Opinion: If You Screw Up And Your Parents Are Famous, Blame Them

Filed under: Opinions

Cameron Douglas, left, and his dad Michael Douglas at a Hollywood premiere last year. Credit: Gabriel Bouys, AFP / Getty Images

Caught dealing drugs? Blame Mom and Dad, if they're famous.

That's what Cameron Douglas, son of Michael Douglas, is doing. Or at least, his defense attorneys are.

In January, Cameron pleaded guilty to dealing crystal meth. Last year, while under house arrest after selling several pounds of the stuff to an informant, his girlfriend tried to smuggle 19 bags of heroin to him in an electric toothbrush. It seems safe to say that the guy is a mess. In court this week, lawyers attempted to blame Cameron's dope habits on "notoriety that is not due to any acts of his own but by dint of birth and a difficult upbringing," according to a report in the New York Daily News.

I guess when you're facing 10 years behind bars and trying to cut it down to house arrest, you'll try anything.

According to his lawyers, Cameron "didn't benefit from his celebrity. He was hurt by it in a variety of ways, including ways in this case." The judge didn't buy it, and ordered that he remain in jail until he is sentenced in April.

Blaming Mom and Dad is a cornerstone of many psychological theories. Sigmund Freud created the notion of the Oedipus complex, a theory that states all children want to possess the parent of the opposite sex and eliminate the parent of the same sex. Google the phrase "blaming parents" and you get more than two million matches, with many of the articles arguing against admonishing Mom and Dad for your foibles.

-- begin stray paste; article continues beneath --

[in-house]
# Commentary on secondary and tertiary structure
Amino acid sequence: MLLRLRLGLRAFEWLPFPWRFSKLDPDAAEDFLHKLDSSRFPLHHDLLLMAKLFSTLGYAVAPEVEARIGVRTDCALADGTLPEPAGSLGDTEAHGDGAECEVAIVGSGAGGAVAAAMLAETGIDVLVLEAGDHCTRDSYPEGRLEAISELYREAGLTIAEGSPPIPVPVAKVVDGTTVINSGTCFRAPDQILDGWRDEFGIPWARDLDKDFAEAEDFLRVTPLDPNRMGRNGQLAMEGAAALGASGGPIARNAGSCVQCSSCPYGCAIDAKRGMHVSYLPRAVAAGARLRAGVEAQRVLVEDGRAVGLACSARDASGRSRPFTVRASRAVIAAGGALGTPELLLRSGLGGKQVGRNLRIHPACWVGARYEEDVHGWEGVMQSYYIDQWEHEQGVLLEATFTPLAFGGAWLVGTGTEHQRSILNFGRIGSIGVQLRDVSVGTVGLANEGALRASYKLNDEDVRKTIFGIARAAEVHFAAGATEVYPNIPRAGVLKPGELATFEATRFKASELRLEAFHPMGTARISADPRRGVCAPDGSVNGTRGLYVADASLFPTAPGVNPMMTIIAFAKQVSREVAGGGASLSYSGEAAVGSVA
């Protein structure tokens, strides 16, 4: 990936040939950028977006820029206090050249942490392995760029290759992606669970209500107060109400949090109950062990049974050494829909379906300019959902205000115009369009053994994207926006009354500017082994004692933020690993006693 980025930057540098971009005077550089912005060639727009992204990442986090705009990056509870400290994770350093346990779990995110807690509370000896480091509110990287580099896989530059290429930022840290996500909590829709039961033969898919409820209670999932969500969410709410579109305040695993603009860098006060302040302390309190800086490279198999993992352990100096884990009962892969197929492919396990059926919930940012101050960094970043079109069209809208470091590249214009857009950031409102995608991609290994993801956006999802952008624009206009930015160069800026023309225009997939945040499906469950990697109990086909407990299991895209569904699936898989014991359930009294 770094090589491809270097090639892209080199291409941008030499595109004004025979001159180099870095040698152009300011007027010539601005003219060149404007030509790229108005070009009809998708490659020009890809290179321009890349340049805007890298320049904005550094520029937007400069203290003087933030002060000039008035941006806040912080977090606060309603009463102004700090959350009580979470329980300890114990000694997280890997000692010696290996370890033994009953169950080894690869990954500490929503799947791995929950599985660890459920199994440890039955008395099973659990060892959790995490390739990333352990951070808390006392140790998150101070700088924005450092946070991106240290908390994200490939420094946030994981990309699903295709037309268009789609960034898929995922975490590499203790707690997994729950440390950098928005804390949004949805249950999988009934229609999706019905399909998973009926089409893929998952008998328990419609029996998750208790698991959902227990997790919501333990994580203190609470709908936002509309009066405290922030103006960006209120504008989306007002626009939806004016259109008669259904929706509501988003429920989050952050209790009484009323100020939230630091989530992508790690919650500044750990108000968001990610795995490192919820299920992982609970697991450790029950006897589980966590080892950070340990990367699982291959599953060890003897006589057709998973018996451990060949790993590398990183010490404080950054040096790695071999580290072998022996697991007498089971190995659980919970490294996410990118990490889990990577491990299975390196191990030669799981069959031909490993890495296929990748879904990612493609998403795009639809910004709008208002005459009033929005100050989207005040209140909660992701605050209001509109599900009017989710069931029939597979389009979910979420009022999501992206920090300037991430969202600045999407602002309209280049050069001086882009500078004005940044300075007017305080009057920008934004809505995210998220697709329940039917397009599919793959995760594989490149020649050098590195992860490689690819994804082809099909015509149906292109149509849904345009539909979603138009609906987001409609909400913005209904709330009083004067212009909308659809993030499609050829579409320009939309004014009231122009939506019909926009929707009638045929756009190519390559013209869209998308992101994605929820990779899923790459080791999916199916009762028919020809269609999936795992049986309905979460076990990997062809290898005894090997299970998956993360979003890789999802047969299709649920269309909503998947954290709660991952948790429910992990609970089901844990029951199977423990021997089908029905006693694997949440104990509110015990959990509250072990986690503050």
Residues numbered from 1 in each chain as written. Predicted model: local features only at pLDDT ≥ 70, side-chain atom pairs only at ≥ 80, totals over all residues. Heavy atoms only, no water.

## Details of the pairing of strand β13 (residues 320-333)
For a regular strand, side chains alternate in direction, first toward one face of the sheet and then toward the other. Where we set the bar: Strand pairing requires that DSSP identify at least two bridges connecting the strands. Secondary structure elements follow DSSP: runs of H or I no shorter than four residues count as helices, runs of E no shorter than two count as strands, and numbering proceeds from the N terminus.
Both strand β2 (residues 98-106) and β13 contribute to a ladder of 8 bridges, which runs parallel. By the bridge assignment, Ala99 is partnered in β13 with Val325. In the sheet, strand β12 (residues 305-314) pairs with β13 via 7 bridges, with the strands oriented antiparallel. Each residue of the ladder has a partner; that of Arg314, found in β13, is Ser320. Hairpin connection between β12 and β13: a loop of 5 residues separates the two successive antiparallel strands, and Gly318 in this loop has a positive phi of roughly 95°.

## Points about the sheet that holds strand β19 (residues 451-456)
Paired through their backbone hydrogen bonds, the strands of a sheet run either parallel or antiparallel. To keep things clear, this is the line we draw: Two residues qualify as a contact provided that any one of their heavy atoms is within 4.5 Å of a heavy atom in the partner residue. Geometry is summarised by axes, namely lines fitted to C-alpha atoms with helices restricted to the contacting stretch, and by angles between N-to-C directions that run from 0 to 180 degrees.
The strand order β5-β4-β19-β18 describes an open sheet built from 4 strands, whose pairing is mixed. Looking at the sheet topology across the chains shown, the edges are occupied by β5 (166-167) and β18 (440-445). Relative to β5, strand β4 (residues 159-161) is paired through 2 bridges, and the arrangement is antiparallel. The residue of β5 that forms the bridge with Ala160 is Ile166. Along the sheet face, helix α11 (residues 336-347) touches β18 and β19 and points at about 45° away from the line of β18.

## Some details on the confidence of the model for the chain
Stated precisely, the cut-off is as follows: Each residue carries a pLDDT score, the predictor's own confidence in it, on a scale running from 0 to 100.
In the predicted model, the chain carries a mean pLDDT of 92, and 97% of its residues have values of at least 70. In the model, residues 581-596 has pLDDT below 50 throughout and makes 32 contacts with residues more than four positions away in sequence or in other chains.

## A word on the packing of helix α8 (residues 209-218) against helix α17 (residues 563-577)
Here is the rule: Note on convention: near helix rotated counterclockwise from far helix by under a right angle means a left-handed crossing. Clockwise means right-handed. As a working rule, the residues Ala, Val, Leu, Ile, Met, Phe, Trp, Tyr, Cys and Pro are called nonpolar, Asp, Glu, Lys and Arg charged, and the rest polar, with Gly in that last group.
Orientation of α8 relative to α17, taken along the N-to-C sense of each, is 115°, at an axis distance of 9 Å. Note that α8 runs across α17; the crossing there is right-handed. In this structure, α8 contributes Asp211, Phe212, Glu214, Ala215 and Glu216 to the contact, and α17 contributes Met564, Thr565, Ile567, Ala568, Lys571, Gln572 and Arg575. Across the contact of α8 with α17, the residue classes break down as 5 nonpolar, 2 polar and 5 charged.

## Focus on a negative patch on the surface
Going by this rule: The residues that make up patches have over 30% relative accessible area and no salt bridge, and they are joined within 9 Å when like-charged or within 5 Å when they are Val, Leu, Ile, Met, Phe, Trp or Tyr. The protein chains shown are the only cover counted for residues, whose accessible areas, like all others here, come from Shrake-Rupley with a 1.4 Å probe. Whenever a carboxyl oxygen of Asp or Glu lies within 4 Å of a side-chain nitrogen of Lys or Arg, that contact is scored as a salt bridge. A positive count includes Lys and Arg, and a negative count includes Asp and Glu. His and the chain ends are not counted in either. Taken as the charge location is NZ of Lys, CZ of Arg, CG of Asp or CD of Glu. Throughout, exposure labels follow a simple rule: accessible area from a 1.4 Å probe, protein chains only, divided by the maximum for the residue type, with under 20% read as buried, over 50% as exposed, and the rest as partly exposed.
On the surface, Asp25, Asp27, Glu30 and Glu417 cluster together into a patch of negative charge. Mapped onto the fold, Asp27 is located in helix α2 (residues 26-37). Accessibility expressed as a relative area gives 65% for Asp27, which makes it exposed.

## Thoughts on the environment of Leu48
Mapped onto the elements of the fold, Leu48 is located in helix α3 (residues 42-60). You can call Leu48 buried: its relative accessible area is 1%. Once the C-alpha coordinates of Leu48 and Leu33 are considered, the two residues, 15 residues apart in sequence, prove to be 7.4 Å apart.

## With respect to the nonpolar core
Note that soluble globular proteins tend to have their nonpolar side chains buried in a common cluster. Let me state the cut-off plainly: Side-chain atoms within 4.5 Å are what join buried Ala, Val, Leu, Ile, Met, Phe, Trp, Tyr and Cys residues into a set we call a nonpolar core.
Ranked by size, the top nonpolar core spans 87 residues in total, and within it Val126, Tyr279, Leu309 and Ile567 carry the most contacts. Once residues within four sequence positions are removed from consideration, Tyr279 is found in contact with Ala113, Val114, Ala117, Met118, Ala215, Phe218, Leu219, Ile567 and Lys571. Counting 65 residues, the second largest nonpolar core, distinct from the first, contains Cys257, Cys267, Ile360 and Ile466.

Usually, the devil is in the details. Not all bad parents are created equal. Children who are abused by their parents can carry psychological scars with them for the rest of their lives, especially if that abuse was of a sexual nature.

But what if Mom and Dad didn't beat you? What if they were just ... famous?

When poor people get arrested for dealing drugs, they might try to blame their circumstances. Coming from poverty isn't an excuse either, but in fairness, it's easier to understand why someone who has no money or prospects might see the risky, yet lucrative business of selling drugs as an attractive option.

"I'm so famous that I need to sell crystal meth," is more of a leap.

Dealing drugs is a serious crime that affects people beyond the buyer and seller. No matter what one's circumstances happen to be, slinging crack rock is a very bad idea. That said, which childhood do you think is more to blame for a life of crime -- growing up in the projects with no money or father, or growing up in Beverly Hills with very famous parents?

The reasons people become addicted to drugs are numerous, and often very sad. Cameron Douglas took the next step and started dealing. His attorneys are trying to defend him any way they can, but blaming his family's fame is a bad way to go. Does some of the fault lie with Michael Douglas and his ex-wife, Diandra Morrell Douglas? Perhaps. But in a court of law, that shouldn't make any difference.

Do the crime, do the time -- no matter how many movies your father was in.

Follow Brett Singer on twitter at twitter.com/brettsinger.

Related: Raising an Addict

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AdviceMama Says:
Start by teaching him that it is safe to do so.